Oct 092020
 

In Memoriam pays tribute to those who have left this world, and the songs they left us to remember them by.

John Lennon (of the Beatles, the Quarrymen, the Dirty Mac, and the Plastic Ono Band, among others) was born on this day. He shares the birthday, oddly enough, with his youngest son, Sean. (Happy 45th, Sean!)

One way to celebrate the day is to sing the Beatles’ “Birthday” song (keeping in mind that Lennon considered the song, which he co-wrote, “a piece of garbage”). Another is to listen to his music with renewed appreciation. If we do that, we’re gonna have a good time, just like the song says.

John would be turning 80 today, an auspicious number: He lived for 40 years, and has been gone for 40 years (as of December). Forty years here, forty years gone: those are Biblical numbers. And how funny that this 40/40 business should happen in the year 2020.

John loved numbers and numerology, so it’s ok to fixate on this stuff for a minute. The number nine in particular held Lennon’s interest, the day of the month he was born on. Some of his song titles allude to the obsession: “One After 909,” “Revolution 9,” “#9 Dream” (which reached #9 on the charts). So guess how many covers we’ve lined up today?
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Sep 292020
 

In Memoriam pays tribute to those who have left this world, and the songs they left us to remember them by.

Judy Dyble

Singer/songwriter and multi-instrumentalist Judy Dyble occupies a unique place in music history. Dyble, who passed away in July at the age of 71, played a role in the origin stories of two long-running British musical institutions. She was a founding member of the folk-rock outfit Fairport Convention, and she sang with a band called Giles, Giles and Fripp; they would go on to morph into the legendary prog-rock group King Crimson.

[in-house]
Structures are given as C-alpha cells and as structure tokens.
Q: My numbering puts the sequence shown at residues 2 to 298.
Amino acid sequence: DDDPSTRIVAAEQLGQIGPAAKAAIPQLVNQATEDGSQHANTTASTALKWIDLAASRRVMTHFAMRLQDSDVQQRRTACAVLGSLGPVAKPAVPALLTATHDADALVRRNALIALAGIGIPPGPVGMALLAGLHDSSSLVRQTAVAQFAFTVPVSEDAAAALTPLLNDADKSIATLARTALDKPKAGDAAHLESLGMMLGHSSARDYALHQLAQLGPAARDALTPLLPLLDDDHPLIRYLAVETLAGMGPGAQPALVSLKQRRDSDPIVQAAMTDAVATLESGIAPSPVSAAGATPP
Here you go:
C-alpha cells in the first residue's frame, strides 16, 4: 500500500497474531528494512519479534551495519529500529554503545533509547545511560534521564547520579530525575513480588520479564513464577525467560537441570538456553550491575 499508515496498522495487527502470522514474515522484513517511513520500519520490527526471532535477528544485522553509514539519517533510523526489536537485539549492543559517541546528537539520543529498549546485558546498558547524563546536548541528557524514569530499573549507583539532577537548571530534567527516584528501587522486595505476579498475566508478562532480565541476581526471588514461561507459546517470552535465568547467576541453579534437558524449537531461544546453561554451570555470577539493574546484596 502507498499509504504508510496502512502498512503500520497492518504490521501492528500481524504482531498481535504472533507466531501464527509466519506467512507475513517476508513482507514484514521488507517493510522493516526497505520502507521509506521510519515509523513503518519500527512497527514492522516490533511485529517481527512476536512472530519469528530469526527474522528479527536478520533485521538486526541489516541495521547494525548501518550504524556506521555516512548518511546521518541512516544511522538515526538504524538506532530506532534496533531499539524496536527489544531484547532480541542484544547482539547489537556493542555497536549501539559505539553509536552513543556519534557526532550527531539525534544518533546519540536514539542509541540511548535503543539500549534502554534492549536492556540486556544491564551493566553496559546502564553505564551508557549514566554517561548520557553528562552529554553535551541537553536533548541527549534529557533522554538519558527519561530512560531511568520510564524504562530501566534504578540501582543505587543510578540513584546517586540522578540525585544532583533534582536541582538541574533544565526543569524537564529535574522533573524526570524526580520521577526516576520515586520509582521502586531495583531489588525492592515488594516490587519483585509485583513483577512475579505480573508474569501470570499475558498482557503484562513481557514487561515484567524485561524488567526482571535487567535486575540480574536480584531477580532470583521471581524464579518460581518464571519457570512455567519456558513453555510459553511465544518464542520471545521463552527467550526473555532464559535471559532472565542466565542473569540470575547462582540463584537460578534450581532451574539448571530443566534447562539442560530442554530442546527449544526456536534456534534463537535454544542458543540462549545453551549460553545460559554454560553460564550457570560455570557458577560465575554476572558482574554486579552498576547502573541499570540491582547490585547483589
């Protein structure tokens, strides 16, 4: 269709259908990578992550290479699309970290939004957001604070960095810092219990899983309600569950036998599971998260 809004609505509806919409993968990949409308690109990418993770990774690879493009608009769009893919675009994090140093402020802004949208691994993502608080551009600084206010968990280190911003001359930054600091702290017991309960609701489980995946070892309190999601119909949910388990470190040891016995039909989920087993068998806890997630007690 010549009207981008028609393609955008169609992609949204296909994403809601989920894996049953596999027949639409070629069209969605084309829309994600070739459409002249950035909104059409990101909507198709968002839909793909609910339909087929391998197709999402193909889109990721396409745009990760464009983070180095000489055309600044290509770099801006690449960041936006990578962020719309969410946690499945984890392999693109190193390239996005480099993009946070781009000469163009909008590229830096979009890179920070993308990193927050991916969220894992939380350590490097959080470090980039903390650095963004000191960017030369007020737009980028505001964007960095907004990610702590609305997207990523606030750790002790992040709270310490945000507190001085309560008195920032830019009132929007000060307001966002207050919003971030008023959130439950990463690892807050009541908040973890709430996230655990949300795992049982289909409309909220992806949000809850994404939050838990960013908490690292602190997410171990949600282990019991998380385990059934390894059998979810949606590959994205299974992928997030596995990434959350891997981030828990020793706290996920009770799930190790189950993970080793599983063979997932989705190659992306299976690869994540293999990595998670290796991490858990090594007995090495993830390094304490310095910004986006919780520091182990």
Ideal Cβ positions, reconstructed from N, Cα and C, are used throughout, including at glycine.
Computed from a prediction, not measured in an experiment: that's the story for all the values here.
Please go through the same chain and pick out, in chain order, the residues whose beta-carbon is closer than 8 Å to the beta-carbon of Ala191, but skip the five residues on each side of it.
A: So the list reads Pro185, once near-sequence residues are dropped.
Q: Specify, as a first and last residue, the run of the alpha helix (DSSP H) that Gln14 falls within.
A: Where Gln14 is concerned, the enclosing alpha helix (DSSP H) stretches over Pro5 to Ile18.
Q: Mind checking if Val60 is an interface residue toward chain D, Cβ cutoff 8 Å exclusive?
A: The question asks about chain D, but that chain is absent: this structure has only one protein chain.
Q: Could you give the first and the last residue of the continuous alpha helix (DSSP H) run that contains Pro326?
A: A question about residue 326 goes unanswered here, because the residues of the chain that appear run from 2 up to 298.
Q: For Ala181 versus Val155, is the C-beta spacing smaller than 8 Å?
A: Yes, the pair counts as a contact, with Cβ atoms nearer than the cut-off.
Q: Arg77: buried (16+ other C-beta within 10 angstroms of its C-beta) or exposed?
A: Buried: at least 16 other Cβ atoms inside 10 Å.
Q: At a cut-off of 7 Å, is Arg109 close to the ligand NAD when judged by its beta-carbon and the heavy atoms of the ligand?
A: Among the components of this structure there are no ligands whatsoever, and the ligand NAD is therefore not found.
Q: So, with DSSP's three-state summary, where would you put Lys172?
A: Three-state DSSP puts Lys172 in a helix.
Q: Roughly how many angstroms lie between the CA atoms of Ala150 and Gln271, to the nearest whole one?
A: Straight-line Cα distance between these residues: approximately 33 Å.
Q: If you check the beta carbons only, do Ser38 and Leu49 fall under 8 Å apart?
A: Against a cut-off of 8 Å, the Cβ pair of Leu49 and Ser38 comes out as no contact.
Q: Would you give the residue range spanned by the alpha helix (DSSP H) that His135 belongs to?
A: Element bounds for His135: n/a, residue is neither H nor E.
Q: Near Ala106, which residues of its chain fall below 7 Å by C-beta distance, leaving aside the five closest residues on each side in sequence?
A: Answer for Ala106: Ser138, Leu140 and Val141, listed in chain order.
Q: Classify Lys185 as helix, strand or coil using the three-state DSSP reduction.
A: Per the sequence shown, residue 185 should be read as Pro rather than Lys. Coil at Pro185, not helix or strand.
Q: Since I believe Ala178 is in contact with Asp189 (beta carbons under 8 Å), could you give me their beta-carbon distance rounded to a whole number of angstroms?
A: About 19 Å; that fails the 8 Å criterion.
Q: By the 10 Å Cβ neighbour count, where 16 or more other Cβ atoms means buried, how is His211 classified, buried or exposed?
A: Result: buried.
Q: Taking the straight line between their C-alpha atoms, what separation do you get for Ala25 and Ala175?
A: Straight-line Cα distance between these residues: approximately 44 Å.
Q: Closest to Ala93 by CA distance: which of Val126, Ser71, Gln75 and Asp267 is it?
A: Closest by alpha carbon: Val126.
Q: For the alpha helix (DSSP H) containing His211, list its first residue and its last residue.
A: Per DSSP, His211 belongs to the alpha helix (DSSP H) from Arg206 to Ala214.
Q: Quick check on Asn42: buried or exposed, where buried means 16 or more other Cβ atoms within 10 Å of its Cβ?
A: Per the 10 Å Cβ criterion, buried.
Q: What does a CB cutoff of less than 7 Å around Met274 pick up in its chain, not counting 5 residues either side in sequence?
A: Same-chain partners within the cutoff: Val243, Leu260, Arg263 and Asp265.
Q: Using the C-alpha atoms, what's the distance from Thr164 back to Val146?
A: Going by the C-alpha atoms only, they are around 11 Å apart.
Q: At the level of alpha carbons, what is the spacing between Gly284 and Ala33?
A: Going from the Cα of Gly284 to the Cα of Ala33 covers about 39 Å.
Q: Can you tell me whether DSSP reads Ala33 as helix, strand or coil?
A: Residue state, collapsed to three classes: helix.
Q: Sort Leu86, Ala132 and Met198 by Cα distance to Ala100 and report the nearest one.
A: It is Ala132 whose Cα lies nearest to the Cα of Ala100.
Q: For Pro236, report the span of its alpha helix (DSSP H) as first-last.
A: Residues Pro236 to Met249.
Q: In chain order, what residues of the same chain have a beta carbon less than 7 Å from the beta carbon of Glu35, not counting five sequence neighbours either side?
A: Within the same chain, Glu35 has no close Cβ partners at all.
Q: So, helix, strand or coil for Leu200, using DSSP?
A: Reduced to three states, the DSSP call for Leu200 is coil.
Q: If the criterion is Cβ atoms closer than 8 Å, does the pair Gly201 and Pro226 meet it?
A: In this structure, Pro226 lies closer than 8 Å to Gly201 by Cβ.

Dyble’s music career spanned five decades. Whether it’s on her early recordings from the ‘60s or her albums from the 2010s, the quiet power of her voice resonates like a haunting echo from the past, carrying nearly every song she sang. Throughout her life and career, she performed many excellent cover songs, proving herself as a powerful interpreter of other artists’ music.
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Aug 212020
 

In Memoriam pays tribute to those who have left this world, and the songs they left us to remember them by.

Joe Strummer covers

John Graham Mellor was born on August 21st, 1952 in Ankara, Turkey. He entered a boarding school in London at the age of 9. He was obsessed with music and went by the nickname “Woody” (he was quite the Woody Guthrie fan). In 1970 he had to identify his brother’s body after his estranged sibling committed suicide three days prior – something that would haunt him forever. After graduating he attended the Central School of Art and Design in London, and in 1973 he moved to Newport, Wales where he played guitar and sang for a band called The Vultures. In 1974 he moved back to London and started the band The 101ers. The following year, he told his mates to stop calling him Woody Mellor. He had adopted a new moniker, and for the rest of his life he would be known as Joe Strummer.